The Parent-Teacher-Child Connection: Really, Mom?

Monday, December 12, 2011

Really, Mom?

I was just coming into the women's locker room when a mother and her four-year-old daughter were leaving.  Daughter had a pouty mouth and Mom had a furrowed brow.  Neither was happy.  Mom said, "So do you want to spend the rest of the day listening to what Mommy says or spend the rest of the day in your room?  Which one would make you happy?"  Obviously the mother didn't actually look for an answer because when the daughter failed to respond, Mom didn't press her for the reply.  It's no wonder!  If I had the choice of working for Hitler or staying in my room, I'd pick staying in my room!  And I'll bet that poor little girl couldn't even opt for the room scenario.  If she had, I can pretty much guarantee that Mom would yell for her to come downstairs - NOW!  Mom was on the ultimate power trip and daughter was having a very bad day as a result. 

Those of you who have been reading my blog regularly or who had me as a teacher would probably know how to change this from a dictator parent to an effective parent. Right - guided choices.  I don't know what pouty mouth did or didn't do to deserve Mom's wrath, but let's assume she was dawdling, which I see frequently in the locker room.  Mom could have said this:  "We need to hurry so we can pick up your brother on time.  Do you want me to help with your shoes or your shirt?"  Hmmm... Pouty mouth gets a choice, angry mom gets some cooperation, and everyone leaves the  locker room in a much better mood, offering the blogger little fodder for her blog!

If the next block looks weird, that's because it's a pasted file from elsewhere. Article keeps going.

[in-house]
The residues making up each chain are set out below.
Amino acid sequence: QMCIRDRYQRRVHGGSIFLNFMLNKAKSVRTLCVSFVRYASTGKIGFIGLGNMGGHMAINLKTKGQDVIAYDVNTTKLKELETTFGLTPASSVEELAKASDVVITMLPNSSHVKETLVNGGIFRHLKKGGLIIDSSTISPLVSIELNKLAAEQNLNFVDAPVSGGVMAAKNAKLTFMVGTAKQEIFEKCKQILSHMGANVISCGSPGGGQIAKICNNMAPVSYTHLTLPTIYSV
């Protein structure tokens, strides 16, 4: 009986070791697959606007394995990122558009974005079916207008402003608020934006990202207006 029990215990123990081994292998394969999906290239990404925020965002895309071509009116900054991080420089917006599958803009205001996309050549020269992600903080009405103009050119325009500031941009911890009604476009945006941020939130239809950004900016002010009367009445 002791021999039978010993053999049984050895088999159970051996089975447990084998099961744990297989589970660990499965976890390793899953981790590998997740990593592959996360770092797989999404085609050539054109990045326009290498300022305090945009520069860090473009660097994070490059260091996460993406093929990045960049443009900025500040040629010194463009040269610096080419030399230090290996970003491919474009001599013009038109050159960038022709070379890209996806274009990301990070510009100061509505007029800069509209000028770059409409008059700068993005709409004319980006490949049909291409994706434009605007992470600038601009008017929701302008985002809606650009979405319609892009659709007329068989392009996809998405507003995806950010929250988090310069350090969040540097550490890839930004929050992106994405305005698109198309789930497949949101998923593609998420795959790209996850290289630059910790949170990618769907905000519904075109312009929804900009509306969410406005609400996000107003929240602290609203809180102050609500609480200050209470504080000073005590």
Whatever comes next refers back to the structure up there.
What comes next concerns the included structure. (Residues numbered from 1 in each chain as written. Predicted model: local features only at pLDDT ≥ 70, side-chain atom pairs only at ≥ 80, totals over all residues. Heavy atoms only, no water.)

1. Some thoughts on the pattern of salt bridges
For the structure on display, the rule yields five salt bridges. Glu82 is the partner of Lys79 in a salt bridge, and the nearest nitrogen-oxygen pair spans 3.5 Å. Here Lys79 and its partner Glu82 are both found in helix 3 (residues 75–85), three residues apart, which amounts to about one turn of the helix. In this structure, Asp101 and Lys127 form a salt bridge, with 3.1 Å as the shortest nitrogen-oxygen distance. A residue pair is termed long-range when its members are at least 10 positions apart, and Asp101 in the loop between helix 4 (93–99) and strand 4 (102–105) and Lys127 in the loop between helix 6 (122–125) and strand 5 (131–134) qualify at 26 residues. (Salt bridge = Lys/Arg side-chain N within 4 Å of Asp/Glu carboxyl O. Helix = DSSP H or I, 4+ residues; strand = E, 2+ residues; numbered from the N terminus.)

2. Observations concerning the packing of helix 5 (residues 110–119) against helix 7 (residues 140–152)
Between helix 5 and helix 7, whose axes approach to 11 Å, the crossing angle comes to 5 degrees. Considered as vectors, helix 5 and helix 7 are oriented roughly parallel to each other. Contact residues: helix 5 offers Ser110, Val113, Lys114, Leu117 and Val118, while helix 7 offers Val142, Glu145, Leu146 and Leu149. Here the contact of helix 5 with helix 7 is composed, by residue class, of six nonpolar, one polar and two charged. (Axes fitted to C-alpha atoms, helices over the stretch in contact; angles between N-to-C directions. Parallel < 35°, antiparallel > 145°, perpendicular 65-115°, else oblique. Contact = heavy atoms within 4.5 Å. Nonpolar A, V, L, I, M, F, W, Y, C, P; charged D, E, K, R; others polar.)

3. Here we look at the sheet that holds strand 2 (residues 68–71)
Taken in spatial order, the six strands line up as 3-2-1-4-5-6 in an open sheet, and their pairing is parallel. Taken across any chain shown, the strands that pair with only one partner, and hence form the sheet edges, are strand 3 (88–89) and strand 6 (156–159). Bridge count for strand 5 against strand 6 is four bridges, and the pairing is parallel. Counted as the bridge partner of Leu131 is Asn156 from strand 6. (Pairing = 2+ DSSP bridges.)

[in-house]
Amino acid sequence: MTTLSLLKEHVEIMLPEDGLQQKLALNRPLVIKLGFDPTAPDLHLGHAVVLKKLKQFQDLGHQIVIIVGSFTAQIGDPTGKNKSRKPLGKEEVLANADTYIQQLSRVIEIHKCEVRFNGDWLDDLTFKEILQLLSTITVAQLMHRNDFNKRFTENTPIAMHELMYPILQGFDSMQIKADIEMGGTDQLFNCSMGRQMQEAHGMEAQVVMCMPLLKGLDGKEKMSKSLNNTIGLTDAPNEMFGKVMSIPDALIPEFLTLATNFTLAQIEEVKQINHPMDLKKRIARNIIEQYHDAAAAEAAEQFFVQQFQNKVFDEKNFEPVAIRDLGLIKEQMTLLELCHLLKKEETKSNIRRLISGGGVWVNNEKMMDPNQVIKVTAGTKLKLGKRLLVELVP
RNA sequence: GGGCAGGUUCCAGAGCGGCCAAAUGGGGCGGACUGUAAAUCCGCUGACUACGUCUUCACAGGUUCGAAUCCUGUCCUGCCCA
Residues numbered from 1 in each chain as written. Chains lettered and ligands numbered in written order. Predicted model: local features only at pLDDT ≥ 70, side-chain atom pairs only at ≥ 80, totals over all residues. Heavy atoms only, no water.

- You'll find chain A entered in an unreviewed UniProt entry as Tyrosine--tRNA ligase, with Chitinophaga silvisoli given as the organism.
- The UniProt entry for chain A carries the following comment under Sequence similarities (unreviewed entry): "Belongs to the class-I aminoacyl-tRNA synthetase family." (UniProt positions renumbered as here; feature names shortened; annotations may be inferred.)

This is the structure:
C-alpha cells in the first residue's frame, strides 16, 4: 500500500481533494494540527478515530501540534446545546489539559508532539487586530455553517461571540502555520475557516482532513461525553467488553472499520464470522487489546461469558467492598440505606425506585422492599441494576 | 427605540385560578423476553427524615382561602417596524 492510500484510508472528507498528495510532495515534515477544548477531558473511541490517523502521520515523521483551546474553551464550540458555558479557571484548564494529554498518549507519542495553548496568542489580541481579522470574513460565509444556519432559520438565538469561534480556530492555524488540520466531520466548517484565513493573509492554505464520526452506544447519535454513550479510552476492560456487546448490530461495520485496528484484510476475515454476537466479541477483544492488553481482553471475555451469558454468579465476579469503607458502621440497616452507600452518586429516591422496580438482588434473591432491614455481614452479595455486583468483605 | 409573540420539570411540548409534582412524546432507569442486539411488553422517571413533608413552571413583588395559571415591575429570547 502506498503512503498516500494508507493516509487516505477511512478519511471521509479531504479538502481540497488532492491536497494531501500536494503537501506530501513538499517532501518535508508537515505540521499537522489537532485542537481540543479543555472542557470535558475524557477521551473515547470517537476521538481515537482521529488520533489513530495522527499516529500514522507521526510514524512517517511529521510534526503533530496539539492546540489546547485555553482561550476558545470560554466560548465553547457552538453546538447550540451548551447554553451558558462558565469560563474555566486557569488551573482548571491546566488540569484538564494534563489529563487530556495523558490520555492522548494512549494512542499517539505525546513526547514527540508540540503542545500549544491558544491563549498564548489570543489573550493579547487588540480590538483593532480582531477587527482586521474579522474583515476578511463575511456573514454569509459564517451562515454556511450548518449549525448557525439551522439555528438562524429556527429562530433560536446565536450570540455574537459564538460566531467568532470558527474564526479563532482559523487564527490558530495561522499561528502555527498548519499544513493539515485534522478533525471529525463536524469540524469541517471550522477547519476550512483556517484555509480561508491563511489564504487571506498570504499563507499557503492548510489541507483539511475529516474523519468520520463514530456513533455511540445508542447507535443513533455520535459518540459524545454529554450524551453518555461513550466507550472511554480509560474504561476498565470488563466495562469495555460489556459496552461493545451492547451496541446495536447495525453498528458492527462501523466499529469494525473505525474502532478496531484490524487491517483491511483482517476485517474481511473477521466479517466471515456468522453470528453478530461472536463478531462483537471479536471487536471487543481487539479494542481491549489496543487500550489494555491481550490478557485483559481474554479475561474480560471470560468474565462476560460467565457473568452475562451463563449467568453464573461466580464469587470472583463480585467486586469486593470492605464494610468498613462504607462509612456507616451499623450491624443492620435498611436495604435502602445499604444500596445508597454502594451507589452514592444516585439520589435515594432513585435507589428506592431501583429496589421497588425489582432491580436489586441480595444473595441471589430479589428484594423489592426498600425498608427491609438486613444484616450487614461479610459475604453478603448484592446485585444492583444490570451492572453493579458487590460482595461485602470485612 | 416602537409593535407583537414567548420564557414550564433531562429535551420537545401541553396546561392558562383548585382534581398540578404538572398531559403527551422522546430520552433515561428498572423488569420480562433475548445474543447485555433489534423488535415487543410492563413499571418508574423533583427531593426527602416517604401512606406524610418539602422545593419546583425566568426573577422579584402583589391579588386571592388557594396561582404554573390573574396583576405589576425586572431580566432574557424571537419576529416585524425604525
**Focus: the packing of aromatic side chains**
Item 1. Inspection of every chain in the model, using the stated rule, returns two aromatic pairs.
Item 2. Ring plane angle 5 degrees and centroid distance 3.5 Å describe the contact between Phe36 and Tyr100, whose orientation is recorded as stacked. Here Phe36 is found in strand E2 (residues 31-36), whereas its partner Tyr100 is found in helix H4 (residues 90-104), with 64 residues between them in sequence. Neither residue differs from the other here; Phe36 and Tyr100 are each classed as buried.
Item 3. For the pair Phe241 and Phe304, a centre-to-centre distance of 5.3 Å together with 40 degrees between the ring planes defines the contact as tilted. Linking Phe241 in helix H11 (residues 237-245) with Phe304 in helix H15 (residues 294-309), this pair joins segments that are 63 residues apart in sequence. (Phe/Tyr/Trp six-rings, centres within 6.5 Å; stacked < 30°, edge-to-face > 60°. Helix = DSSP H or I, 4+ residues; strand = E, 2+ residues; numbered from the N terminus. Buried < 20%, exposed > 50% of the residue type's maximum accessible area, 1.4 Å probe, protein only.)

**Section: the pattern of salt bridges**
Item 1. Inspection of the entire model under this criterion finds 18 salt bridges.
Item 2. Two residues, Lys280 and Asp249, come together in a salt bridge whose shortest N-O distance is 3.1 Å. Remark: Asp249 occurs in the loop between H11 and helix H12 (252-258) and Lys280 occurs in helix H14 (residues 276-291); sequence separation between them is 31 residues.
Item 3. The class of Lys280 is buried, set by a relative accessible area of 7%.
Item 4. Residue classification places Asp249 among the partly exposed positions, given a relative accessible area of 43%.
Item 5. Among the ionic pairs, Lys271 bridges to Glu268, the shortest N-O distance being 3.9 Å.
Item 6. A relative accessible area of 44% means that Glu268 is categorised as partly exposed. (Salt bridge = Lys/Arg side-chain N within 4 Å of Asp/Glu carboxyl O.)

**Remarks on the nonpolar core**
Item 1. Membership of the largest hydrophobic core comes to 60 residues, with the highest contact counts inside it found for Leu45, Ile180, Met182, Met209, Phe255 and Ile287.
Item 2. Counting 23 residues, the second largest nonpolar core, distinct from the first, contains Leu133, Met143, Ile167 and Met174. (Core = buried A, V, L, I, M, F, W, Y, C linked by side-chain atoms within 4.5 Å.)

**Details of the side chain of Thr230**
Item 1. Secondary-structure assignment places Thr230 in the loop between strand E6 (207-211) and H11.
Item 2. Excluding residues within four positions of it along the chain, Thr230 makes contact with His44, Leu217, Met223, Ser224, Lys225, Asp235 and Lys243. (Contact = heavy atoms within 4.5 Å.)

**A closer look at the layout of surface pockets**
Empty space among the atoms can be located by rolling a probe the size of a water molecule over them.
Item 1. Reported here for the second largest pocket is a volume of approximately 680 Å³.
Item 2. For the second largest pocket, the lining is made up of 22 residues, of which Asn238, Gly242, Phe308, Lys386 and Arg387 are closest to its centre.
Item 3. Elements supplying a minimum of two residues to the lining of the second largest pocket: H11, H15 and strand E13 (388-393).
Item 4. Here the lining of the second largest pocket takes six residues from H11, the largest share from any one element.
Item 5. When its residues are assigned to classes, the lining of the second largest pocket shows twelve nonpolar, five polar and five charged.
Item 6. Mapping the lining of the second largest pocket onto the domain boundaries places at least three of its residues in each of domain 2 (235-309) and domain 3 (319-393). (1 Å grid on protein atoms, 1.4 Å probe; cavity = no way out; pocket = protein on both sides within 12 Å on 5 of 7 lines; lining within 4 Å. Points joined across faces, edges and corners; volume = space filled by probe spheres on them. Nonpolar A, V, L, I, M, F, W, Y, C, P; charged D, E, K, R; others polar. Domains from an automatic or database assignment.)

This was a classic case of offering an ultimatum rather than a true choice.  What's the difference, you ask?  An ultimatum usually gives the child nothing she can live with (eat spinach or go to bed) when the parent knows which answer will ring the right bell with her.  A guided choice will give the child the information she needs to comply (finish dinner) with the choices that BOTH parent and child can accept (one more spoonful of spinach or sweet potatoes).  Granted, the child may not like either of those choices, so the parent should make sure he or she knows the child's taste before giving a choice like that. 

Parenting isn't easy and it doesn't come with a step-by-step list of instructions, but with a little patience and creativity, offering guided choices will make your life easier.

Happy parenting!

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